By 1818, the American economy was booming. A farmer could sell his flour for export to the Caribbean at a high price, and purchase previously unattainable British made woolen jackets on layaway. He could also speculate heavily in Western lands; after all credit was easy to come by, and the increasing value of agricultural products like wheat and cotton meant that land prices would only go up. Unfortunately, the American economy was held up on two shaky pillars. Firstly, it was highly dependent on international trade: those living in the West and in the South relied heavily on exporting wheat and other staples.  At the same time, cheap British made textiles were wildly popular, with a whole new sector of merchants (known as “jobbers”) devoted to selling them. Meanwhile, banks were issuing tons of money and credit was extremely easy to come by. Their notes were supposedly ba The economy was growing by leaps and bounds, and speculation and investment were at all time highs. The first formal indoor stock exchange in the country opened up in New York in March 1817; traders had been buying and selling stocks to each other in curbside stands on Wall Street since the 18th century, but the new flows of credit made a more organized trading system necessary.[3] Commercial banks began to venture into investment banking by buying and selling blocks of stock.[4] But banks, both commercial and state, had very little real capital: they were essentially issuing money backed by IOUs-“paper backed by paper.” However, these banks were supposedly able to redeem their notes in specie. Although the National Bank was tasked with redeeming their notes for silver, if they were forced to pay back depositors with silver they didn’t have, there could be a disaster. State Senator Condy Raguet described the situation in no uncertain terms:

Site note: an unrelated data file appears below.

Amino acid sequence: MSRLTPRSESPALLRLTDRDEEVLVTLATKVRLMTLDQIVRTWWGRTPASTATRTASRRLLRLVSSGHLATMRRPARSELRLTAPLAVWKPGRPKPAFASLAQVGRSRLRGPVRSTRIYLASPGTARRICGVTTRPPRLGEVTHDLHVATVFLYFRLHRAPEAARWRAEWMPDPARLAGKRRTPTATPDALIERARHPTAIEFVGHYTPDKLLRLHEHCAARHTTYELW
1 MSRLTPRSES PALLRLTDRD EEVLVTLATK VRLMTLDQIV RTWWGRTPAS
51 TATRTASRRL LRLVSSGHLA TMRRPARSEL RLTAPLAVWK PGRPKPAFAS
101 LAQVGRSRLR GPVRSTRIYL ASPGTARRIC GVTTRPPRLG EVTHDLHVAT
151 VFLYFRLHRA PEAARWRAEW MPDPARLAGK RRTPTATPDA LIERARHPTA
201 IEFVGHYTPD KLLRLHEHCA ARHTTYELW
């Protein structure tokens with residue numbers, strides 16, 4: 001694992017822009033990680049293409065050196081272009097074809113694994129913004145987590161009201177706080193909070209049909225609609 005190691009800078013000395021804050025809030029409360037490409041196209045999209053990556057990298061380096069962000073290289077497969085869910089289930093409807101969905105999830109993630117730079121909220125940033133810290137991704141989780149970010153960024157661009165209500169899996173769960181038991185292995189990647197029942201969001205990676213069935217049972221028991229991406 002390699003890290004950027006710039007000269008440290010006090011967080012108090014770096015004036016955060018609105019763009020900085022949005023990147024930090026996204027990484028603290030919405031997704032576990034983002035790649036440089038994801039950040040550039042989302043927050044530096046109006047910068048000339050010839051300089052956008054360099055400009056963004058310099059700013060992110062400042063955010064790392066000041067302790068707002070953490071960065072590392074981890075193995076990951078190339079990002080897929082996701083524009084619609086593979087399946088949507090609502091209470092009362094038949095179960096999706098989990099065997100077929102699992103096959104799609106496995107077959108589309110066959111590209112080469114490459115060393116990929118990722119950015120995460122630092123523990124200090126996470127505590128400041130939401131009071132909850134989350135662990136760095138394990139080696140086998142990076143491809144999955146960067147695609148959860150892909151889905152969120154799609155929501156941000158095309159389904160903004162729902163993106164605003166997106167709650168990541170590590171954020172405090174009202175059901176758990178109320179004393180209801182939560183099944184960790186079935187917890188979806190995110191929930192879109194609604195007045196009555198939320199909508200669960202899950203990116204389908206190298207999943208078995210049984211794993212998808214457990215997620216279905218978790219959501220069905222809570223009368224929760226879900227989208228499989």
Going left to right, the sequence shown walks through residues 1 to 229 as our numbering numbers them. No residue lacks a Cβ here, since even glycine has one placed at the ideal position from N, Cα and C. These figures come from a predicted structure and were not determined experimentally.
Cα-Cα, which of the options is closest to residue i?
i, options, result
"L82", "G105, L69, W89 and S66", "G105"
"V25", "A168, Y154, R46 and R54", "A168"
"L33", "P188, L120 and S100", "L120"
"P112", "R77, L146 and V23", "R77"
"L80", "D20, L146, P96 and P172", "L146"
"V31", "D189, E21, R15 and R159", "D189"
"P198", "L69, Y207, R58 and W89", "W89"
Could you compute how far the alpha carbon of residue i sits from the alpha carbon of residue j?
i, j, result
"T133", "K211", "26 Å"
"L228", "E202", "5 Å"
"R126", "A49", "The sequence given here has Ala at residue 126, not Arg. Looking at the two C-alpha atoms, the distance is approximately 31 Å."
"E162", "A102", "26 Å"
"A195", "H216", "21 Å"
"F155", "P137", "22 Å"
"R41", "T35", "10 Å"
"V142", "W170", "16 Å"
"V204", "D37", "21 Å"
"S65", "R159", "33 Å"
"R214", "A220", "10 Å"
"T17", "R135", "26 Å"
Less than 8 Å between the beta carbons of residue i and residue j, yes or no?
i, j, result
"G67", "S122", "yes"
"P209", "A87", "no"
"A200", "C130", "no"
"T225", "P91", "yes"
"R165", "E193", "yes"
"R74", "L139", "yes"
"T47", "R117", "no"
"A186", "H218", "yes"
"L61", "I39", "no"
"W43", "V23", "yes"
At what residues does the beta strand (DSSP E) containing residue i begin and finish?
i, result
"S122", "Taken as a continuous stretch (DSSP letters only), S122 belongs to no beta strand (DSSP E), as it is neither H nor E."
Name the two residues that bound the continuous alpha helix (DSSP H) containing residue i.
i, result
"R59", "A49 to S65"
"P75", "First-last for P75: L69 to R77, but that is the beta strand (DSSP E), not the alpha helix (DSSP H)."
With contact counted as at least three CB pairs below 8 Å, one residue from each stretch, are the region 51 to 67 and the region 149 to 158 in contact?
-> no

“You state in your letter that you find it difficult to comprehend, why persons who had a right to demand coin from the Banks in payment of their notes, so long forebore to exercise it…The whole of our population are either stockholders of banks or in debt to them. It is not in the interest of the first to press the banks and the rest are afraid. This is  the whole secret.”[5]